The Illusion of Laypeople

Dear Friends:

Today we hear from Craig Conley (a.k.a. Prof. Oddfellow), whose illustrations you’ve seen in Jeff McBride’s The Show Doctor and Eugene Burger’s “A Magical Vision” documentary. Craig collaborated with Abbi Spinner on the new Young Wizard’s Hexopedia: A Guide to Magical Words & Phrases. In his lexicographical work, he has uncovered a controversy in how magicians refer to audience members.


The Illusion of “Laypeople”

“I am a magician . . . and so are you.  We are all magicians—illusionists—who survive, take pleasure, and find meaning in life by means of the illusions we create.  I am here to remind you that such magic runs rampant in our lives and that this is a good thing.”

—Bob Neale


The most controversial word that magicians use might very well be “laypeople.”  Its primary definition of course refers to a non-ordained member of a church, but that’s the least of the problem.  We might do well to consider whether the very idea of laypeople is an illusion in itself. As a well-diplomaed philosopher, if Larry Hass chatted about the nature of reality with a stranger, that person wouldn’t strictly be a “layperson” but a fellow philosopher (even if to a lower “degree”).

The very concept of a layperson might put up invisible walls that are more of a disservice to the magician than to his or her participants in wonder. That’s because we all have specialized knowledge and experiences that others don’t, and if only we had a way of knowing how to communicate them, we’d all blow each other’s minds quite regularly. Sure, a magician may know the secret of a particular card trick that the participant doesn’t, yet a participant may be well-practiced in some other operation or art equally difficult or requiring flair. The participant may in fact know a card trick of his or her own, too, but not necessarily self-identify as a magician.  The word “layperson” literally means a non-expert person, and is that how we’d describe our audiences (at least on our better days)?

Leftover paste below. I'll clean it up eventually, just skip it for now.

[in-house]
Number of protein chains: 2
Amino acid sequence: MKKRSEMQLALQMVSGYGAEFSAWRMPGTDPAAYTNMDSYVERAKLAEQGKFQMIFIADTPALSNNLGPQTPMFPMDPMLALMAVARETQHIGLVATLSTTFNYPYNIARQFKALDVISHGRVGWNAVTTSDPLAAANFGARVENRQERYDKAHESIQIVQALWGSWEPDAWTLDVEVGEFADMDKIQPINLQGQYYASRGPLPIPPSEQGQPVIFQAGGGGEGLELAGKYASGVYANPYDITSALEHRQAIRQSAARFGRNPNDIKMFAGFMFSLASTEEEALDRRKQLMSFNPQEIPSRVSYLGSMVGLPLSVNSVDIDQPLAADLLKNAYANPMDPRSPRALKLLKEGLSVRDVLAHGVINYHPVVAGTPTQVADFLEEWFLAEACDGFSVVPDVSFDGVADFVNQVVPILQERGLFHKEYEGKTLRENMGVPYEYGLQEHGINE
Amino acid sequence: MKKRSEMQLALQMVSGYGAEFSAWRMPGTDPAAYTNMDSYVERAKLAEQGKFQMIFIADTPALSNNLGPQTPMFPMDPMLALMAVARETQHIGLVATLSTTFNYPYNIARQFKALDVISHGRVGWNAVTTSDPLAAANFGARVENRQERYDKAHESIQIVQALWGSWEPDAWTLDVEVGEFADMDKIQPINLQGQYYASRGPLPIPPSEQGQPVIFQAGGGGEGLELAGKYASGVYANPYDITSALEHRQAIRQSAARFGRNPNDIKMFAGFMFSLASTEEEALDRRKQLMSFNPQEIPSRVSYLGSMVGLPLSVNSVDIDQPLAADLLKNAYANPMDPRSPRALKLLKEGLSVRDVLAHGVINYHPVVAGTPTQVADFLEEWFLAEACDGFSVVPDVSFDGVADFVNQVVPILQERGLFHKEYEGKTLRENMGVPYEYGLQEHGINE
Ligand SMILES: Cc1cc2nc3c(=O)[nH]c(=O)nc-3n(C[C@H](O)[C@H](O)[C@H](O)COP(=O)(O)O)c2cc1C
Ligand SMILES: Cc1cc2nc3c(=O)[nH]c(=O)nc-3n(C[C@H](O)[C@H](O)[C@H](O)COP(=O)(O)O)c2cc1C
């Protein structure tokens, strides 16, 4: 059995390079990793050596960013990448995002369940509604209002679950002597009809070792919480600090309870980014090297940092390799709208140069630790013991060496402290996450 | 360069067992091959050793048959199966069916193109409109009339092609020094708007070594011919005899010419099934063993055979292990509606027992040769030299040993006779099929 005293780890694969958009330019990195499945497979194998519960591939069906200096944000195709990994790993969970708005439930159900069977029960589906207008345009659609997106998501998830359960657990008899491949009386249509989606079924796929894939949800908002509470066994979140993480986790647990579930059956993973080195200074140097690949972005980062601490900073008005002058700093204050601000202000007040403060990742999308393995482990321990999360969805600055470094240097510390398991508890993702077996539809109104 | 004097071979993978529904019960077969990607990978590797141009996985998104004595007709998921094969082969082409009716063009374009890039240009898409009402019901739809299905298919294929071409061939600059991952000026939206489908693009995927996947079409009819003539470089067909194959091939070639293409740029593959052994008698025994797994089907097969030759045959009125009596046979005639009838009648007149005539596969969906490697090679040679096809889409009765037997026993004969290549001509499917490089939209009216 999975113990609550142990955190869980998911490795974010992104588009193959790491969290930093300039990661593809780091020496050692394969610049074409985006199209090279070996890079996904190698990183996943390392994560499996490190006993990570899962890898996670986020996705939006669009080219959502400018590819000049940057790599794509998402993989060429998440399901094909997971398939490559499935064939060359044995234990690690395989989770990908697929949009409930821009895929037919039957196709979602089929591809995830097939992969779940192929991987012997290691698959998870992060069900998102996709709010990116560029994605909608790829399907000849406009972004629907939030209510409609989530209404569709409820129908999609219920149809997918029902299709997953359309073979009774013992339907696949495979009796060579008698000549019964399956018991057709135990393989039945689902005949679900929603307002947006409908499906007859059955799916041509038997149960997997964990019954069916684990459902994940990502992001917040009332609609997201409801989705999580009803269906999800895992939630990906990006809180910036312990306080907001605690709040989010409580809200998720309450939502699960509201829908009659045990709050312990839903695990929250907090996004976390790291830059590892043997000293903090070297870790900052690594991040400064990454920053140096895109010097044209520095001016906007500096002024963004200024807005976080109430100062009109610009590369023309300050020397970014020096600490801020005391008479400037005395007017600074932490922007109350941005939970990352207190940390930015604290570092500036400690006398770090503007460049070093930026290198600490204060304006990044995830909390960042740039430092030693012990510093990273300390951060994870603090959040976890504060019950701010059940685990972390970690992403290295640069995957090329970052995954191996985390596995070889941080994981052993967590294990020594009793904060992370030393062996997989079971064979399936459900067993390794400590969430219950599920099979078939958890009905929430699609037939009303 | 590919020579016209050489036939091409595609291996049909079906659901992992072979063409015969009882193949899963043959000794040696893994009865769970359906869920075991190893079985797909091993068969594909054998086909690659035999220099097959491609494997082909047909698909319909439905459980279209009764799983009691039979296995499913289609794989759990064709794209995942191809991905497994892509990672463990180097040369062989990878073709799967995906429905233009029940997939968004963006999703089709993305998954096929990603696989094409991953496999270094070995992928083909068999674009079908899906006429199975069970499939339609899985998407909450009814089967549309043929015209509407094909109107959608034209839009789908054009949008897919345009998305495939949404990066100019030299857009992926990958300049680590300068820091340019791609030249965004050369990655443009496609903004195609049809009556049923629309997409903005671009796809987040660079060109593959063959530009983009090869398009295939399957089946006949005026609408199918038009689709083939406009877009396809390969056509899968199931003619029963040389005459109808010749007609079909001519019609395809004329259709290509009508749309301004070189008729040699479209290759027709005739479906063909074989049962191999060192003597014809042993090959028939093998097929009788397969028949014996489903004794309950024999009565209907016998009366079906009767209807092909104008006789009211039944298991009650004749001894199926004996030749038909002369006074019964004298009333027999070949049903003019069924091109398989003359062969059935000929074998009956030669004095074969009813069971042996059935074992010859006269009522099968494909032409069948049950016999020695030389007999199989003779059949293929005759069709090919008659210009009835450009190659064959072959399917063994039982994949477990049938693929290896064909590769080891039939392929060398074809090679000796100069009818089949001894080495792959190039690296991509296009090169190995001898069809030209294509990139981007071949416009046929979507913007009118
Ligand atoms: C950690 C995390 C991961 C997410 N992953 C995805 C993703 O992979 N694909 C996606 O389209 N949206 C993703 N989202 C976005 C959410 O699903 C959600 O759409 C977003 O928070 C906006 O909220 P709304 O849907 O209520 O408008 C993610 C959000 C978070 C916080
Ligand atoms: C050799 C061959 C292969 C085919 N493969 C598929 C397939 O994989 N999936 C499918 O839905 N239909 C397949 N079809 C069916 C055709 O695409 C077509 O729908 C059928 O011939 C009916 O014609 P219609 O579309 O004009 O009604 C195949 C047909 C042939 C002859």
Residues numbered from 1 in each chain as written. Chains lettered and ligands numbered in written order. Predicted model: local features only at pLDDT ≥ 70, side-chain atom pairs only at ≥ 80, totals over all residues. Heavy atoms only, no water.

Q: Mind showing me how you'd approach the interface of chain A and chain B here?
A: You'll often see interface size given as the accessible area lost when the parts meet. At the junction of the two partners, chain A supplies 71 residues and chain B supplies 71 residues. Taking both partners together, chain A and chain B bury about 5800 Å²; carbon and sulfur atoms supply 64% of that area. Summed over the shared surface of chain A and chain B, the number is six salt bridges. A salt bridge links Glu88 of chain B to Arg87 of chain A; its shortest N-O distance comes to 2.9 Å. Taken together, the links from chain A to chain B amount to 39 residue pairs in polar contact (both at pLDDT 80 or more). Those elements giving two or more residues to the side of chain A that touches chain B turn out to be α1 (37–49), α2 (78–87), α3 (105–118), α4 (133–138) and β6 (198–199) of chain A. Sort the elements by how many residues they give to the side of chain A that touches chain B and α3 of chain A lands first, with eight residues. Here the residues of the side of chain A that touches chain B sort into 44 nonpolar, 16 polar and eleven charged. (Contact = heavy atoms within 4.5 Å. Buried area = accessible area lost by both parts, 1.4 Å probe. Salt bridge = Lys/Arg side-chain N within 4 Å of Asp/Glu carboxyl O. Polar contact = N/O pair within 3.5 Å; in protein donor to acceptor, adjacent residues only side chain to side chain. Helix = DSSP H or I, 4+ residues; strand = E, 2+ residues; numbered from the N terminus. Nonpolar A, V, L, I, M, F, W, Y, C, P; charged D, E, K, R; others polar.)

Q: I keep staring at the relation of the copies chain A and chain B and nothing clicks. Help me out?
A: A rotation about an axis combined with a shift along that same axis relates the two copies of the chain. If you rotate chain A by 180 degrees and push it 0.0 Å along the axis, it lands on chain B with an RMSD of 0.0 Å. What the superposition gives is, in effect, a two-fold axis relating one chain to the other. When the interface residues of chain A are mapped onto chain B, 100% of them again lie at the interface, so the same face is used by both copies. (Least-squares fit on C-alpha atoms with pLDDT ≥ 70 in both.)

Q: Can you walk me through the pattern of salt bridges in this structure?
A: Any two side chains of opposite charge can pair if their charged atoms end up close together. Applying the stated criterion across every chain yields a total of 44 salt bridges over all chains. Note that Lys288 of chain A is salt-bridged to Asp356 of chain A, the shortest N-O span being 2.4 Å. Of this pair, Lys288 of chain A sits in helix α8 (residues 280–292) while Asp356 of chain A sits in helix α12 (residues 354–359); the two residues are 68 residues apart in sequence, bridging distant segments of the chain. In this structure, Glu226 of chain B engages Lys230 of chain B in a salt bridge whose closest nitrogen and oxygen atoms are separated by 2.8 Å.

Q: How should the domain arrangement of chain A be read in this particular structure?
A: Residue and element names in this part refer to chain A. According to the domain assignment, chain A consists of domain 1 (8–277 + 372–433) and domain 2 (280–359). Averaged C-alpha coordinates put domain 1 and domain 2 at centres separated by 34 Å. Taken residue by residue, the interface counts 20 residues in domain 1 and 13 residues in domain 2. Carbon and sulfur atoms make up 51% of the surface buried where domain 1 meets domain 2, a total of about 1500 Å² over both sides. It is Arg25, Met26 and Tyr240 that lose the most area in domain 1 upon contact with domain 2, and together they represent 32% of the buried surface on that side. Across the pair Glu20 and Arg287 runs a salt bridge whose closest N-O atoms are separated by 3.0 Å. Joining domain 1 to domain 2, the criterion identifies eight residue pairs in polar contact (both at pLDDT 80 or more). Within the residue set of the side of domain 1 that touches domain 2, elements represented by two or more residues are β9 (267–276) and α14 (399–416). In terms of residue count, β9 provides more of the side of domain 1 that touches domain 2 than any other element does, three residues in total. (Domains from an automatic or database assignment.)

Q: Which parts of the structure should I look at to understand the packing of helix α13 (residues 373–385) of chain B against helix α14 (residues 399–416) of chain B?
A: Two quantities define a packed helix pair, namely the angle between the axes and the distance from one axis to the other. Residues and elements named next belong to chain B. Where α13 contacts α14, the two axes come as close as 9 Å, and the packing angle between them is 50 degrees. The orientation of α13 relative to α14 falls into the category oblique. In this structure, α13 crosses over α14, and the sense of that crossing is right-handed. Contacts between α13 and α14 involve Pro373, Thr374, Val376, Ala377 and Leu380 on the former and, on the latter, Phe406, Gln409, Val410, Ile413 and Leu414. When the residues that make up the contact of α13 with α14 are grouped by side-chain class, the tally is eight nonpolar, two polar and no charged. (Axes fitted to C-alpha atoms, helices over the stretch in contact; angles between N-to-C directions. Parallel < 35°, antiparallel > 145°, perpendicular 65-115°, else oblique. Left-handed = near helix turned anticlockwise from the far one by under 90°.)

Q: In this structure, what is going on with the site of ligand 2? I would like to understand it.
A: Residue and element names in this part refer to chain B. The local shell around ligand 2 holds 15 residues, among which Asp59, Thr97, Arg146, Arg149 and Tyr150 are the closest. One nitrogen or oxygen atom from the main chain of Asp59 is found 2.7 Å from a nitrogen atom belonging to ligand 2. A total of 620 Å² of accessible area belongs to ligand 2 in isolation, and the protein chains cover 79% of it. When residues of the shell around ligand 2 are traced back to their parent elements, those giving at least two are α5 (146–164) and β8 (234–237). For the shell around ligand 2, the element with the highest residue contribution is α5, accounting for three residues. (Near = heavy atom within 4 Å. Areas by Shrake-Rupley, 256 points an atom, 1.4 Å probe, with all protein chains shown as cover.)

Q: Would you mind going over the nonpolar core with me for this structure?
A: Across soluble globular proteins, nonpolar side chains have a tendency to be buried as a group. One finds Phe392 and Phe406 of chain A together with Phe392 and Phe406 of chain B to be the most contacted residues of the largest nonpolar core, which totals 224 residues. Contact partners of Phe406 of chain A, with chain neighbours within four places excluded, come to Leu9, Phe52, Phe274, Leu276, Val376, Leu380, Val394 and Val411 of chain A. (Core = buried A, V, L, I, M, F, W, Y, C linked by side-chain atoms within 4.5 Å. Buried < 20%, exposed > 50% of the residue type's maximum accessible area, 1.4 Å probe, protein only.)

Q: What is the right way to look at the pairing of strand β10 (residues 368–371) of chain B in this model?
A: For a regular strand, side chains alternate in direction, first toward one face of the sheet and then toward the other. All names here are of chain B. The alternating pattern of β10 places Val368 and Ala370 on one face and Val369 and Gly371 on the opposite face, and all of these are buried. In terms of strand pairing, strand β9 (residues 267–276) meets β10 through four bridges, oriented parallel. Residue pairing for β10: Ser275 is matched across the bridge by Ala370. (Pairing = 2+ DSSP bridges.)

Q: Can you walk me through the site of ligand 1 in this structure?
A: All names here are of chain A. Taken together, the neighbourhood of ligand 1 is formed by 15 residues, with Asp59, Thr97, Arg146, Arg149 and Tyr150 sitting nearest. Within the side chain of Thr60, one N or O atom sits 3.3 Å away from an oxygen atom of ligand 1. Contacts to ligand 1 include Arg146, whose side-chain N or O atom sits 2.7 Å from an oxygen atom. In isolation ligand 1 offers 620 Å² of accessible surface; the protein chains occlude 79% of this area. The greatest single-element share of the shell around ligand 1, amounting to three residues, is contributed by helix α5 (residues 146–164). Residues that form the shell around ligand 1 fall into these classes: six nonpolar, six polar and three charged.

A passage in César Aira’s novelette The Literary Conference feels apropos, in that it’s about how unlikely it is for any two people on earth to have read even just two of the same books, and how the unlikelihood increases exponentially for three books and so on.

An intellectual’s uniqueness can be established by examining their combined readings. How many people can there be in the world who have read these two books: The Philosophy of Life Experience by A. Bogdanov, and Faust by Estanislao del Campo?  Let us put aside, for the moment, any reflections these books might have provoked, how they resonated or were assimilated, all of which would necessarily be personal and nontransferable.  Let us instead turn to the raw fact of the two books themselves.  The concurrence of both in one reader is improbable, insofar as they belong to two distinct cultural environments, and neither belongs to the canon of universal classics.

Even so, it is possible that one or two dozen intellectuals across a wide swathe of time and space might have taken in this twin nourishment.  As soon as we add a third book, however, let us say La Poussière de Soleil by Raymond Roussel, that number becomes drastically reduced.  If it is not ‘one’ (that is, I), it will come very close.  Perhaps it is ‘two,’ and I would have good reason to call the other ‘mon semblable, mon frére.’  One more book, a fourth, and I could be absolutely certain of my solitude.  But I have not read four books; chance and curiosity have placed thousands in my hands. And besides books, and without departing from the realm of culture, there are records, paintings, movies …  All of that as well as the texture of my days and nights since the day I was born, gave me a mental configuration different from all others.  (p. 9).

Indeed, every person has a unique mental configuration, meaning that we’re all fellow unlikelihoods, all brethren of wonder.  What if no-one of us has ever technically met a “layperson”? What would happen if a performer came on stage, looked at a sea of faces in the audience, and quoted Bob Neale about what an honor is it is to be in the presence of so many genuine magicians?  Even at a pro-magicians-only conference, given just how many magics there are (see Burger and Neale’s Magic and Meaning), who is technically ordained when there’s no one holy order, no one definition of kosher?

How does the concept of a “layperson” serve us?

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